New Animal Science Anywhere lesson explores dairy cow diets

“What Do Cows Eat? Deconstructing Dairy Cow Diets” lesson helps youth explore what a total mixed ration is using human food items.

A look at the supplies needed to teach this lesson. Photo by Melissa Elischer, MSU Extension.
A look at the supplies needed to teach this lesson. Photo by Melissa Elischer, MSU Extension.

There is a lot more to an animal science project in 4-H than just showing an animal at the fair. Youth spend months learning about the correct ways to care for, feed and train their animals, as well as more general science concepts. One great way to increase science learning in a 4-H project is to use the 4-H Animal Science Anywhere lessons created by Michigan State University Extension 4-H staff. These lessons provide all the instructions, supply list, discussion points and suggested adaptations to facilitate learning important science concepts with youth. Each lesson is also aligned with eight Scientific and Engineering Practices from “A Framework for K–12 Science Education.” Supplies are common household items or cost less than $10.

The new lesson, “What Do Cows Eat? Deconstruction Dairy Cow Diets,” is designed to help participants understand what and how a dairy cow is fed using human foods as a model. Many dairy cows living in barns are fed a total mixed ration, also called a TMR. This mix of feed items contains all the dietary components to ensure cows stay healthy and do their “jobs,” including producing milk, growing a calf if the heifer or cow is pregnant, and maintaining their own health and vigor.

Total mixed rations are commonly used because just like people, cows have food preferences and would sort out the best tasting parts if they could. By sorting, the animals could eat a lot of food, but might not eat what they need to be healthy and properly do their jobs. Think of a total mixed ration like a smoothie or a casserole—all the ingredients are presented in a uniform mix, so it’s really hard to pick out “the good stuff” and leave the “healthy stuff” behind.

To help youth understand how this works, human foods are used to represent different parts of a cow’s diet. Lettuce and green beans represent forages, bread represents carbohydrates, peanuts or other dried beans stand for protein, gummy bears represent vitamins and minerals, and a hard-shelled candy stands for fat. Youth talk about each item, why it is important in the diet, what items might taste the best and what are the right amounts of each to eat to maintain health and vigor.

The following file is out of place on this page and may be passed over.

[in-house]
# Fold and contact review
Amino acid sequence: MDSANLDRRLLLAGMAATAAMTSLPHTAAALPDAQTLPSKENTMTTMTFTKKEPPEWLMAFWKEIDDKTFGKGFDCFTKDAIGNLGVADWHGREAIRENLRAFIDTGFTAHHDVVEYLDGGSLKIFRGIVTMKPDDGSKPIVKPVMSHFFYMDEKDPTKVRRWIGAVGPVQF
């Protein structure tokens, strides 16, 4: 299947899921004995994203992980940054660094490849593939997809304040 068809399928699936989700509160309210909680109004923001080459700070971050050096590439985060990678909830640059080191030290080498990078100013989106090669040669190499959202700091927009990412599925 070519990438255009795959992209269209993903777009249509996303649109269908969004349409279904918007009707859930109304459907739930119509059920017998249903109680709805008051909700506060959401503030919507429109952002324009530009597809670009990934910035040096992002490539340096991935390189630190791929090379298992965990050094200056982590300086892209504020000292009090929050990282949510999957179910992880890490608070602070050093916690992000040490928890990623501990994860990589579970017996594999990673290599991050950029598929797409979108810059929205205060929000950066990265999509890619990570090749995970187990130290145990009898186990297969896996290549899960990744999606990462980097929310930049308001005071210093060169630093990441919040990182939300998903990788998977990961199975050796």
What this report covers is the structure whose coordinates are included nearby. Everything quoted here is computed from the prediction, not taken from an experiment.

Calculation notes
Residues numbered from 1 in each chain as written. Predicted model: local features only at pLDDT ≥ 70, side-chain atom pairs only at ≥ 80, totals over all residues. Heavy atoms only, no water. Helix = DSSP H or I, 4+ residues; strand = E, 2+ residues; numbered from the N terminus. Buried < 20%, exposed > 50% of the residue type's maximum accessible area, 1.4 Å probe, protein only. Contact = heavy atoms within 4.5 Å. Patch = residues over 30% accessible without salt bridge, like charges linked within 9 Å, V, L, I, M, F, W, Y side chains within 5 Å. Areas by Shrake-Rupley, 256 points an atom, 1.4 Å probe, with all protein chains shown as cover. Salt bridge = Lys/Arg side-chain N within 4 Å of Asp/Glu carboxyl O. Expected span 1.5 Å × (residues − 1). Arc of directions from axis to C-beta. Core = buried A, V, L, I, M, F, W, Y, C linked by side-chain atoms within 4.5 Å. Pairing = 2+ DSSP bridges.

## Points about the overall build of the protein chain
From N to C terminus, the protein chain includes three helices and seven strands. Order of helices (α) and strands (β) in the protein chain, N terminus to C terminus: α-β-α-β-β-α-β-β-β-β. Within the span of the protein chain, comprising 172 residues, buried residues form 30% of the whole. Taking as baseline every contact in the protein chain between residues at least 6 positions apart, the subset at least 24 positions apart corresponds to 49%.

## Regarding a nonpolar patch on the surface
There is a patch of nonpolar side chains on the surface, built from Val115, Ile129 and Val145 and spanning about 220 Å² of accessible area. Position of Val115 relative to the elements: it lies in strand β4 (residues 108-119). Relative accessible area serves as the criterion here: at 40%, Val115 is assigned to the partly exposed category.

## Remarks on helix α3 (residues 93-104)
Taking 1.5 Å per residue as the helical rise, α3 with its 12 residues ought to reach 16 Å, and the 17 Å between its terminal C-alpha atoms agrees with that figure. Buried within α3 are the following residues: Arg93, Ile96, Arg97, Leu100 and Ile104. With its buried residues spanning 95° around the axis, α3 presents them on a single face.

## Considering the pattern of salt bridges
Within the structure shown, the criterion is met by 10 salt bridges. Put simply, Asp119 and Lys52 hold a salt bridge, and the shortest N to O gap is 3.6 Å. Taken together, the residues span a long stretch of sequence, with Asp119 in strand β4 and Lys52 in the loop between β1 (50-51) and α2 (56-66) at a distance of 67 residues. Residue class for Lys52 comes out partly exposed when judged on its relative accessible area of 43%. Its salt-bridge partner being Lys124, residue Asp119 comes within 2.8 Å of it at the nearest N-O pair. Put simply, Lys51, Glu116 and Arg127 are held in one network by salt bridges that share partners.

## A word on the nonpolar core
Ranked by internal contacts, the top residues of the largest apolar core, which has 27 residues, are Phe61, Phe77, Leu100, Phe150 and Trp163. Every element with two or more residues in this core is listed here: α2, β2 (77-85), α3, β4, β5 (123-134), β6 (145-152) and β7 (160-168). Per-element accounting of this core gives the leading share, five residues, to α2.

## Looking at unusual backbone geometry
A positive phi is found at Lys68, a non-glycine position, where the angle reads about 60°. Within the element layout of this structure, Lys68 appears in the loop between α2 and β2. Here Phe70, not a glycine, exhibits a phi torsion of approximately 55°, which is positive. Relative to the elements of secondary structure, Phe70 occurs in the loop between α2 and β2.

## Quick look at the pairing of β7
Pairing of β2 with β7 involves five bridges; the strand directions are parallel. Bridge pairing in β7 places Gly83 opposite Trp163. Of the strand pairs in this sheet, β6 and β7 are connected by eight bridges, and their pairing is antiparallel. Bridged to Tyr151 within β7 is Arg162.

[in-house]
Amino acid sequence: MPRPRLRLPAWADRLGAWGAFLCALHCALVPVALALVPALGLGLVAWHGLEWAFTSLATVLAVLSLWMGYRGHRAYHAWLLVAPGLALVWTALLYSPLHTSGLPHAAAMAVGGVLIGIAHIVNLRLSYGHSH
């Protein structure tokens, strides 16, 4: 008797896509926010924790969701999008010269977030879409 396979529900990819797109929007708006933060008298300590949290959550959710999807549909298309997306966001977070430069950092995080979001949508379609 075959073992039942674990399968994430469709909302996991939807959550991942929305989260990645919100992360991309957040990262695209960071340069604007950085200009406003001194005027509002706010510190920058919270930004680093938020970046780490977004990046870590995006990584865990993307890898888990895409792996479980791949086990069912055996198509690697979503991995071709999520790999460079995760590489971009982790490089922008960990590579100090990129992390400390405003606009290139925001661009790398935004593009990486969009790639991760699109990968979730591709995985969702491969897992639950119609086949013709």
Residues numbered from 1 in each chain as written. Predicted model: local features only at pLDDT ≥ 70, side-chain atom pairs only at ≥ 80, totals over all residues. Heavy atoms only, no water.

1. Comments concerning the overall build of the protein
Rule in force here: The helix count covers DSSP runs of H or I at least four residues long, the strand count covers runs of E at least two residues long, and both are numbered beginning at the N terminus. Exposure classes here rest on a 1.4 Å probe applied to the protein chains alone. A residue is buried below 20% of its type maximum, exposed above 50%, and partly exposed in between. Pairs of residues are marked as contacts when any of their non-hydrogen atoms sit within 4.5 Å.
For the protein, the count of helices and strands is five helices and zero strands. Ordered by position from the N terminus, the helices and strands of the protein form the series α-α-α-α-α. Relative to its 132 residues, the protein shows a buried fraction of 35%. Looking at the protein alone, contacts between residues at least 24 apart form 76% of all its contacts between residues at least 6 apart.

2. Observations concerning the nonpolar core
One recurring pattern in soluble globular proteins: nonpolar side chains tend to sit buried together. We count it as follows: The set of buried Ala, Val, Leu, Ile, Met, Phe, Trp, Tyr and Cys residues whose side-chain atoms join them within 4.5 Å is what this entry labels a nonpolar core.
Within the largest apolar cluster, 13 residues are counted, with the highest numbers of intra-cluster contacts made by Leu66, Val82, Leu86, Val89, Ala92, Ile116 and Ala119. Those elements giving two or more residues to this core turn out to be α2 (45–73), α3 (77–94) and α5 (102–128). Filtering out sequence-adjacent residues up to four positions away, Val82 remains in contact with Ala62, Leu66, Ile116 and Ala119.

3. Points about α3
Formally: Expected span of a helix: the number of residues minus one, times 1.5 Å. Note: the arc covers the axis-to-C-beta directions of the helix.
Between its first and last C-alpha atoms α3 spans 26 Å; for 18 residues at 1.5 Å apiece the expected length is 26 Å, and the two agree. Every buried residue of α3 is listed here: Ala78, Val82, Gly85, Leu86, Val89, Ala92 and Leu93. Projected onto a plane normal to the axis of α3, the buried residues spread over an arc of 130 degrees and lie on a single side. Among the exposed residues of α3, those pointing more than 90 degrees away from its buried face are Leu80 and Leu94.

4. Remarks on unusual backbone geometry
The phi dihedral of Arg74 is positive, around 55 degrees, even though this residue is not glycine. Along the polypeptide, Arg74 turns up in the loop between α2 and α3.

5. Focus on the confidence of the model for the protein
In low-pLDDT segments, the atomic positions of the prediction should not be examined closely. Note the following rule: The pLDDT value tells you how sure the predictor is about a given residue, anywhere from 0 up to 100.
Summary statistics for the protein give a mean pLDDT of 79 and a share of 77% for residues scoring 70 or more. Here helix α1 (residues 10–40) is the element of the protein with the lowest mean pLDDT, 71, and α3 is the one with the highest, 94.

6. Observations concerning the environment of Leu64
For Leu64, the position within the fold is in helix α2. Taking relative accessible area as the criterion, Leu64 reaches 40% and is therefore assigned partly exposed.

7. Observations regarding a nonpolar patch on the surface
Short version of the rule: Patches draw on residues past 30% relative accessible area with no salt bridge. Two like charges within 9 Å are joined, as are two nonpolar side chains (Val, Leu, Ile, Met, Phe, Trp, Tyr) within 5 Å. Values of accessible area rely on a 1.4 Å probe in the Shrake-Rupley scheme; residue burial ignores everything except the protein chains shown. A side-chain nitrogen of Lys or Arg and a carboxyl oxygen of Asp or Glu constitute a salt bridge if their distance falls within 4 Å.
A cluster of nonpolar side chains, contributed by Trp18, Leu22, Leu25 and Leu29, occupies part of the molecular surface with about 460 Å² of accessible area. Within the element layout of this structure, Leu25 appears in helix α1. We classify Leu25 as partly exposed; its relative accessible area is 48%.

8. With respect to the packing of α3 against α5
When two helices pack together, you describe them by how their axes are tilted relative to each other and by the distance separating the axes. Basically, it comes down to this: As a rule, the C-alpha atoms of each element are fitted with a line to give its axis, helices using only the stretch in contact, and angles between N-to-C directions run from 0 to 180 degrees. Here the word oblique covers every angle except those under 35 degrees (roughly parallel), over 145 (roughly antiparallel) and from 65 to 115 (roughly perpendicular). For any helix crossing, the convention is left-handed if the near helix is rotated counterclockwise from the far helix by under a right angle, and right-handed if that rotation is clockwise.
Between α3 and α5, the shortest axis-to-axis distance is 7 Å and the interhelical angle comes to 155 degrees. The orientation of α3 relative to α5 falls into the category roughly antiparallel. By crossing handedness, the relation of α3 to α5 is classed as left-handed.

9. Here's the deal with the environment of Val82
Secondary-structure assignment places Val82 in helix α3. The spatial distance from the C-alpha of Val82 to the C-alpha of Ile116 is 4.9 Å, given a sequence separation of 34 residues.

Each ingredient starts out in a separate container to see how the participants “sort” the diet by picking up their favorite item and thinking about if eating just this food would it create a balanced diet. Youth then create their own total mixed ration with these foods to see firsthand how mixing the items makes it more challenging to sort them.

What Do Cows Eat? Deconstruction Dairy Cow Diets includes numerous ideas to adapt this lesson for the size, age range and experience of the group. This lesson also incorporates questions to help youth think about the similarities and differences between human and animal nutritional needs and efficient feeding strategies for animals.

This is only one of many Animal Science Anywhere lessons, the complete series can be found at 4-H Animal Science Anywhere lessons.

MSU Extension and the Michigan 4-H Youth Development program help to create a community excited about STEM (Science, Technology, Engineering, and Mathematics). 4-H STEM programming seeks to increase science literacy, introducing youth to the experiential learning process that helps them to build problem-solving, critical-thinking and decision-making skills. Youth who participate in 4-H STEM are better equipped with critical life skills necessary for future success.

To learn more about the positive impact of Michigan 4-H youth in STEM literacy programs and animal science programs, read our 2016 Impact Report: “Building Science Literacy and Future STEM Professionals.”

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